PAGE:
In 2000, I completed the Wind of Yemen, and it was premiered by Michael Delman and the Petach-Tikva Conservatoire Symphonic Band.

Wind of Yemen was performed at the Asian Music Festival 2003 (in Tokyo) by the Kosei Wind Orchestra, conducted by Douglas Bostock.

In 2009, it was performed at the WASBE conference by CAM Bétera, conducted by Luis Serrano Alarcón.

In 2010, it was performed in Mano a Mano festival, Bunol, Spain, by CIM La Armónica de Buñol (Valencia), conducted by Frank De Vuyst.
That same year, Wind of Yemen was published in Spain by Piles Editorial de Musica.

In 2015, it was performed  at the WASBE conference (in San Jose, California, USA), by the National Youth Symphonic Band of Israel, conducted by Motti Miron.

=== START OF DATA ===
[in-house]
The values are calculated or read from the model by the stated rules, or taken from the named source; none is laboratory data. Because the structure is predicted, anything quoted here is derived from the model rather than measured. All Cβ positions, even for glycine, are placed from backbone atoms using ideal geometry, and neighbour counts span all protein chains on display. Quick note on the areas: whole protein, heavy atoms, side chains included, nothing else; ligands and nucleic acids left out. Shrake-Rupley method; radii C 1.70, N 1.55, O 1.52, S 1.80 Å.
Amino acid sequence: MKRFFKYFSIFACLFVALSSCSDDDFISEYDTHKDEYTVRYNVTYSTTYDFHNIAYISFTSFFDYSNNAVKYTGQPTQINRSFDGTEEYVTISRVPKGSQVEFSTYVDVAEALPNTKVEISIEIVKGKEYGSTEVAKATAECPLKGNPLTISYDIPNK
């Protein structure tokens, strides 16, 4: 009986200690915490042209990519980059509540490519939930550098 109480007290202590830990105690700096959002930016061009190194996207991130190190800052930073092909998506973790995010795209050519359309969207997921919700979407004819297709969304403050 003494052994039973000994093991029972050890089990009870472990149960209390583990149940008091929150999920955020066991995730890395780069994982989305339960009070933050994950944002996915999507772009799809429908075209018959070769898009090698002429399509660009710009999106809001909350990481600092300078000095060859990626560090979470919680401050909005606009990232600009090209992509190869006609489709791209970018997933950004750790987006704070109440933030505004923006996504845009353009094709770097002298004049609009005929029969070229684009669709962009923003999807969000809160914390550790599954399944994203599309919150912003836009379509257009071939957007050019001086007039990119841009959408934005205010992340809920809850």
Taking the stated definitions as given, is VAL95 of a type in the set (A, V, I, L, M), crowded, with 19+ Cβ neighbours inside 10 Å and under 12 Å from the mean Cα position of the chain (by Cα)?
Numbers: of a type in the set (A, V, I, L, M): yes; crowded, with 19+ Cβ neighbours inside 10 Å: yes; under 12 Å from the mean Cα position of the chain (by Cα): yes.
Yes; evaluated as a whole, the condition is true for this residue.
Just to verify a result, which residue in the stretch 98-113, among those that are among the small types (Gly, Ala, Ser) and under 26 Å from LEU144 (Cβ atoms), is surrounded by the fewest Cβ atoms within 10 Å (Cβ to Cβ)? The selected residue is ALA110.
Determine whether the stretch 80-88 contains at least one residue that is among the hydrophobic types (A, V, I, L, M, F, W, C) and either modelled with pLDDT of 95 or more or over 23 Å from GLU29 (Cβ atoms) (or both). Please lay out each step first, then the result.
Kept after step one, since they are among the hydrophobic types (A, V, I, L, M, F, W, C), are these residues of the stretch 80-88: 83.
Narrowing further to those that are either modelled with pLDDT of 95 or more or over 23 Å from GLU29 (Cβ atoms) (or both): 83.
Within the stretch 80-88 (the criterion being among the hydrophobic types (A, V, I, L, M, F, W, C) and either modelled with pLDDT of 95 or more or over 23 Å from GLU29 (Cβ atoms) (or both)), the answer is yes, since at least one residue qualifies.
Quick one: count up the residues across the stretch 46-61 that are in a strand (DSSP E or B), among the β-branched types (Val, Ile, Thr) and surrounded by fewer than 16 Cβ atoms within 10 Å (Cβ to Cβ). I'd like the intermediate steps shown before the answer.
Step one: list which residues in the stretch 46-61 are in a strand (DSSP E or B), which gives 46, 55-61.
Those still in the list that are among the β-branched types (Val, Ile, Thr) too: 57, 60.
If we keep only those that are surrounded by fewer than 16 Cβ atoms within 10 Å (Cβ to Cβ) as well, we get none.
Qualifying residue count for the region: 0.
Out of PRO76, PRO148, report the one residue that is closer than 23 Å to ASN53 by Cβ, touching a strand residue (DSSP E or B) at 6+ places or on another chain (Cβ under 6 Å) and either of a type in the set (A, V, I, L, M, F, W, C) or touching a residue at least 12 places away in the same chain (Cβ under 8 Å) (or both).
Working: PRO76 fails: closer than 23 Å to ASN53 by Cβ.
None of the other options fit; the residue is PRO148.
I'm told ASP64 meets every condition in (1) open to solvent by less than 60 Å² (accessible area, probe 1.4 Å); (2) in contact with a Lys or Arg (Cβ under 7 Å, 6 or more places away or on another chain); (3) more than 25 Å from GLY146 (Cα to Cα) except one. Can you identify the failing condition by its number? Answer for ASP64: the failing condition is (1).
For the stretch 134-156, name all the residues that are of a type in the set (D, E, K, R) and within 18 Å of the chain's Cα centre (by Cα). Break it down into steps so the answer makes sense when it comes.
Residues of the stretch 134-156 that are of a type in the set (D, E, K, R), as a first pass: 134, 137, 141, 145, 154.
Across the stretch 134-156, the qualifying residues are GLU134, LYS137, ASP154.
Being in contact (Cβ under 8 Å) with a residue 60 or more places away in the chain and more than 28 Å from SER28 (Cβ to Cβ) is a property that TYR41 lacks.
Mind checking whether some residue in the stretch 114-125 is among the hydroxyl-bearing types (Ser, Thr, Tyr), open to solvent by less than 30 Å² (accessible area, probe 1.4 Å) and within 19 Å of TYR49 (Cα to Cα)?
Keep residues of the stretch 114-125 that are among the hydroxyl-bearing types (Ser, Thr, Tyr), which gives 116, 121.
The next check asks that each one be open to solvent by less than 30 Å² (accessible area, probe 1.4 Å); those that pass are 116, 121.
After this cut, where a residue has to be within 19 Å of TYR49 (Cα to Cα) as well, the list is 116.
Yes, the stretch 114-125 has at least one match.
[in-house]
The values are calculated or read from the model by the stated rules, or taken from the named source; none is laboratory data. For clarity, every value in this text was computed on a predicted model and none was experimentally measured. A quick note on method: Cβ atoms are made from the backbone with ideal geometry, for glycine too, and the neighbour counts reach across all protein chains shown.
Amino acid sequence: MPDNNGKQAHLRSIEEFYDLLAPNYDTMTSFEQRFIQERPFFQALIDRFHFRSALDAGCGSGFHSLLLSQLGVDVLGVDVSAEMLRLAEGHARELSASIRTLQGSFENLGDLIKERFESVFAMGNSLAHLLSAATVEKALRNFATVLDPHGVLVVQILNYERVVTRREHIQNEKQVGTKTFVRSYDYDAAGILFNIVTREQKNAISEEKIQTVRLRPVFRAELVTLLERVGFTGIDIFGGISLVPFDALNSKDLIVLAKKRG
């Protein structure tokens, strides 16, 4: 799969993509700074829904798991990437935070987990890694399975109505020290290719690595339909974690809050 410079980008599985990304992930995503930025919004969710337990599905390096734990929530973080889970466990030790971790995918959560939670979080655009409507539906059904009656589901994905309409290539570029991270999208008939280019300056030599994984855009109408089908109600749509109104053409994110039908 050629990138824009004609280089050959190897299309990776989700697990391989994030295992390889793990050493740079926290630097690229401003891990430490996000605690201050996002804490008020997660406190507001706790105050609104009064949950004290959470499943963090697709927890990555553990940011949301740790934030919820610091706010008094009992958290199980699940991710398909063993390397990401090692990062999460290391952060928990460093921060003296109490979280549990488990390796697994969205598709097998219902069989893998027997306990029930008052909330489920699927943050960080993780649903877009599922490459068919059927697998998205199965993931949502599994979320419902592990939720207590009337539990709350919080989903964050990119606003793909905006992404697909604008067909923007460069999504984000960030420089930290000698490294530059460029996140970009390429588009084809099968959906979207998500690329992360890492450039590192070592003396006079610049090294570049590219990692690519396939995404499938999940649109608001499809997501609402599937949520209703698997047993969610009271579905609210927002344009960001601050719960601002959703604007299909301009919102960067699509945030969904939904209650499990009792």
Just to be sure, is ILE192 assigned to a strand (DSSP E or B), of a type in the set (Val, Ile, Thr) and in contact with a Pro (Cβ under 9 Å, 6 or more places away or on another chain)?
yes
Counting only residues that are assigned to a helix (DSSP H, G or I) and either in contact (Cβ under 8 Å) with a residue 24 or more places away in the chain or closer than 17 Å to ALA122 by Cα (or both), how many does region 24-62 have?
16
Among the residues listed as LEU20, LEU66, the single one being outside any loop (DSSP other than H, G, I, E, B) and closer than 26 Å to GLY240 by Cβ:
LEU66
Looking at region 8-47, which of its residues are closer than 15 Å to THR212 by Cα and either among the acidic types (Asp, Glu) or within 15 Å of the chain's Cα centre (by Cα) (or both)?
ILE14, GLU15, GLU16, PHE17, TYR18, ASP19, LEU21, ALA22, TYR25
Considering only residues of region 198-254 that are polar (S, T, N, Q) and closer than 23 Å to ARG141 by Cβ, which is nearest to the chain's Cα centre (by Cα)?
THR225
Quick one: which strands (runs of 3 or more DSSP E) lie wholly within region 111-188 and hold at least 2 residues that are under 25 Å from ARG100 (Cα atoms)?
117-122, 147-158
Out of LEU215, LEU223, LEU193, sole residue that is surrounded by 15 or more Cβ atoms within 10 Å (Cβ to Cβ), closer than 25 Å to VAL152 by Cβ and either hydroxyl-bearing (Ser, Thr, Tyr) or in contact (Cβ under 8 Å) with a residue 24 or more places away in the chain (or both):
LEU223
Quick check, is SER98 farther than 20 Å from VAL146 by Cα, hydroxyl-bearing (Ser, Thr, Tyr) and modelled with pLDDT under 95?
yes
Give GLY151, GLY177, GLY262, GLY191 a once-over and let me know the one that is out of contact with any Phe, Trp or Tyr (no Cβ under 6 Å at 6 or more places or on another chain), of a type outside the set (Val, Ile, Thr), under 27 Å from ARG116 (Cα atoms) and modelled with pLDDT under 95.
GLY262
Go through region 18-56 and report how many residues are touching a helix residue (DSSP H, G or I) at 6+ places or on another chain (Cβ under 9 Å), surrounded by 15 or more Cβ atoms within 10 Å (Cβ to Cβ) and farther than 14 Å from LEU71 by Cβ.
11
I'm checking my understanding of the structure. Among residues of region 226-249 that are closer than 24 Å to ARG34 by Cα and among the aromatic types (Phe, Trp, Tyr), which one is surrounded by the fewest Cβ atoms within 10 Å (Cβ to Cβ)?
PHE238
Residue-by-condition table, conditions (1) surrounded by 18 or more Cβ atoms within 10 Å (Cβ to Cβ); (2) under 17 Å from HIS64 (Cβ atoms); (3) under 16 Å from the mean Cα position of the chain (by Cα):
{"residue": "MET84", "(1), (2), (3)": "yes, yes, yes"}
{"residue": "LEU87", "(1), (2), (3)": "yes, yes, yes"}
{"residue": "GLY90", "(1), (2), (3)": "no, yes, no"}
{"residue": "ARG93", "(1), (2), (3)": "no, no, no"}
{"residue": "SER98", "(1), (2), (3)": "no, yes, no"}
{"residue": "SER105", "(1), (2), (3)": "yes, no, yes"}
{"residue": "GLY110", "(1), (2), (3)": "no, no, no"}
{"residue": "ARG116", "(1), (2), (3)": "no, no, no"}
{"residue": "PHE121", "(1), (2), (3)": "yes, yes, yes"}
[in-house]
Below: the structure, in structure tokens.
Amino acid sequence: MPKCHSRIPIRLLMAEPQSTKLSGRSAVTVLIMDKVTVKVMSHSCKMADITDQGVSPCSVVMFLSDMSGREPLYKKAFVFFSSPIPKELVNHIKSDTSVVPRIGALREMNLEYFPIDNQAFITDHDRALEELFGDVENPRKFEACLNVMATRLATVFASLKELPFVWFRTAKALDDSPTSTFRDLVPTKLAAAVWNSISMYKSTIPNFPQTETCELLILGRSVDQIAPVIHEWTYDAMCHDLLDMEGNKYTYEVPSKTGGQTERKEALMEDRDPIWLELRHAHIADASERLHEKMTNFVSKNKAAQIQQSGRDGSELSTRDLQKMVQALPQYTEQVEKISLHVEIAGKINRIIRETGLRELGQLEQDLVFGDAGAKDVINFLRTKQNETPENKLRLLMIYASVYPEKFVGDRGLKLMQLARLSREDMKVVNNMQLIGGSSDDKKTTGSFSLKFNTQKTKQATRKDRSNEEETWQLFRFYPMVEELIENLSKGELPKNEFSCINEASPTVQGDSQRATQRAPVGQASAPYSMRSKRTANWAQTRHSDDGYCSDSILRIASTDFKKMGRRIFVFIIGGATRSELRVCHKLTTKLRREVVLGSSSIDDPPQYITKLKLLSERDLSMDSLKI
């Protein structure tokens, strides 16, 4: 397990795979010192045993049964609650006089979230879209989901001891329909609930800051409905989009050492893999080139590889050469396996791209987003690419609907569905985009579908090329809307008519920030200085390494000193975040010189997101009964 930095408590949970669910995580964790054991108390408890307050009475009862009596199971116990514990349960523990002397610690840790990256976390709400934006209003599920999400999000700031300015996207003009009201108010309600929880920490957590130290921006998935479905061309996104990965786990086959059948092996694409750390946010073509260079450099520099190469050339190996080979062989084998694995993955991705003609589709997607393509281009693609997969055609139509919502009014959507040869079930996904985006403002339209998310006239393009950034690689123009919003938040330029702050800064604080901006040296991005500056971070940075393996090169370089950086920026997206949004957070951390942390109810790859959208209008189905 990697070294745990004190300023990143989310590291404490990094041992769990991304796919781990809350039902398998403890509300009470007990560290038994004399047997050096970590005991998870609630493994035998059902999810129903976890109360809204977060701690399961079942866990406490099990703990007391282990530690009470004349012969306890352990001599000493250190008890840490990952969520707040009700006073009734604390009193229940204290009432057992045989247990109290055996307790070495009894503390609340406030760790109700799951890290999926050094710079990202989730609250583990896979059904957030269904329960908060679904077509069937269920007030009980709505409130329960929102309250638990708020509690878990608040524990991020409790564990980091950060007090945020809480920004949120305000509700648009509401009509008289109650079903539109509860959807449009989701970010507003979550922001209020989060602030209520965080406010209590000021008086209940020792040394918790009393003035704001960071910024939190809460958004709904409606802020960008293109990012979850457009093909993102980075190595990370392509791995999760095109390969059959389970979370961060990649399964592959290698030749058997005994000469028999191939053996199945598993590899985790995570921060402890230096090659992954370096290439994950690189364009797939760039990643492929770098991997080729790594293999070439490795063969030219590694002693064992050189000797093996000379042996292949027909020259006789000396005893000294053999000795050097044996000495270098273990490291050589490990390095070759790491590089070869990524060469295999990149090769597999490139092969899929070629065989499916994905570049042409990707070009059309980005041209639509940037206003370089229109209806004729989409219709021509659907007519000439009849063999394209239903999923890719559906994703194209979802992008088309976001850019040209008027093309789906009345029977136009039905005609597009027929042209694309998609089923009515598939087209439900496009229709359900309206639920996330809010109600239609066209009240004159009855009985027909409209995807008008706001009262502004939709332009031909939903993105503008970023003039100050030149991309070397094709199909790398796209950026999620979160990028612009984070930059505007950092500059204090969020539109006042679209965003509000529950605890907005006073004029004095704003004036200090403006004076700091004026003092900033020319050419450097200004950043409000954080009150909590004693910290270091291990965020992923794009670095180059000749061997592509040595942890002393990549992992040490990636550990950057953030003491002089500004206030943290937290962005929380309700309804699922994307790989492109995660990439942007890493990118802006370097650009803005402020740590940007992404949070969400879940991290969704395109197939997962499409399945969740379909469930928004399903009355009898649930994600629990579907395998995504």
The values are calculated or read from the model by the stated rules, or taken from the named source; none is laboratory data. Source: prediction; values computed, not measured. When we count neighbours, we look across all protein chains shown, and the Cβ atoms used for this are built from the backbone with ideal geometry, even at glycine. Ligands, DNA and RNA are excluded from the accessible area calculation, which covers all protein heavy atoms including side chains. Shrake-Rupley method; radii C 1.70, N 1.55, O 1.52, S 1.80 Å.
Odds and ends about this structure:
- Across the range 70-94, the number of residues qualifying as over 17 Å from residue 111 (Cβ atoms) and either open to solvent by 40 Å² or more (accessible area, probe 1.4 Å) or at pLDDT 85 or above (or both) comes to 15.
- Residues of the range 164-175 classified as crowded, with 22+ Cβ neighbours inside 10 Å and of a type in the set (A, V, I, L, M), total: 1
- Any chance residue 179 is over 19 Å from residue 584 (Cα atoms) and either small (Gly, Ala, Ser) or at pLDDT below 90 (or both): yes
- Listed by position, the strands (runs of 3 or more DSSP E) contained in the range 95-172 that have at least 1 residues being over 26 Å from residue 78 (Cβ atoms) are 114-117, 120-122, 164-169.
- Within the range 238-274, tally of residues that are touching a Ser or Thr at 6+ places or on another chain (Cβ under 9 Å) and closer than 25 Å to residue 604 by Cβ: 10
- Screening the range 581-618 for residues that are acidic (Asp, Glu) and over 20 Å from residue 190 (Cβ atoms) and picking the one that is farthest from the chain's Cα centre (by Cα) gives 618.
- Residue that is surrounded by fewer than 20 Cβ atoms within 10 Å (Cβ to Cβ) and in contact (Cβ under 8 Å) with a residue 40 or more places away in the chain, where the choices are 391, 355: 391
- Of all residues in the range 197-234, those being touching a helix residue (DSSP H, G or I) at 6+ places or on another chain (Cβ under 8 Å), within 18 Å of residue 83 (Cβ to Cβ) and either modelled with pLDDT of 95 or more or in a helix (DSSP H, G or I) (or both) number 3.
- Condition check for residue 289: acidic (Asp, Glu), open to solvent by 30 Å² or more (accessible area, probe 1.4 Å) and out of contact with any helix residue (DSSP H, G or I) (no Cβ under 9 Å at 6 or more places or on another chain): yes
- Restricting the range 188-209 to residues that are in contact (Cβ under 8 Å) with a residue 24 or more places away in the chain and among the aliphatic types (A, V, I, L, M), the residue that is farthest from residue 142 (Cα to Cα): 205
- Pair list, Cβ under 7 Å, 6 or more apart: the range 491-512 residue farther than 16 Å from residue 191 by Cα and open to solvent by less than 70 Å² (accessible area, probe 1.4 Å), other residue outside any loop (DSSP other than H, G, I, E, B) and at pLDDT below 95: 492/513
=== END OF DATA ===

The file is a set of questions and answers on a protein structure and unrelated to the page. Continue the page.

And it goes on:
In 2018, it was performed at the Singapore International Band Festival, by the Orchestra Collective of Singapore, conducted by Yibin Seow.

Below are recordings from Singapore, Tokyo and from the 2009 WASBE conference. You can also listen to the Mano a Mano festival performance here .

Singapore International Band Festival, 2009
Asian Music Festival, Tokyo, 2003
2009 WASBE Conference, Cincinnati, USA

CAM Bétera
Luis Serrano Alarcón, Conductor

I thought that several other of the performances were also very good, but here is where specific works stand out in my mind as being significant. Boris Pigovat’s Wind of Yemen performed by the Symphonic Band of Centre Artístic Musical de Bétera was marvelous...

Joe H. Brashier
WASBE Conference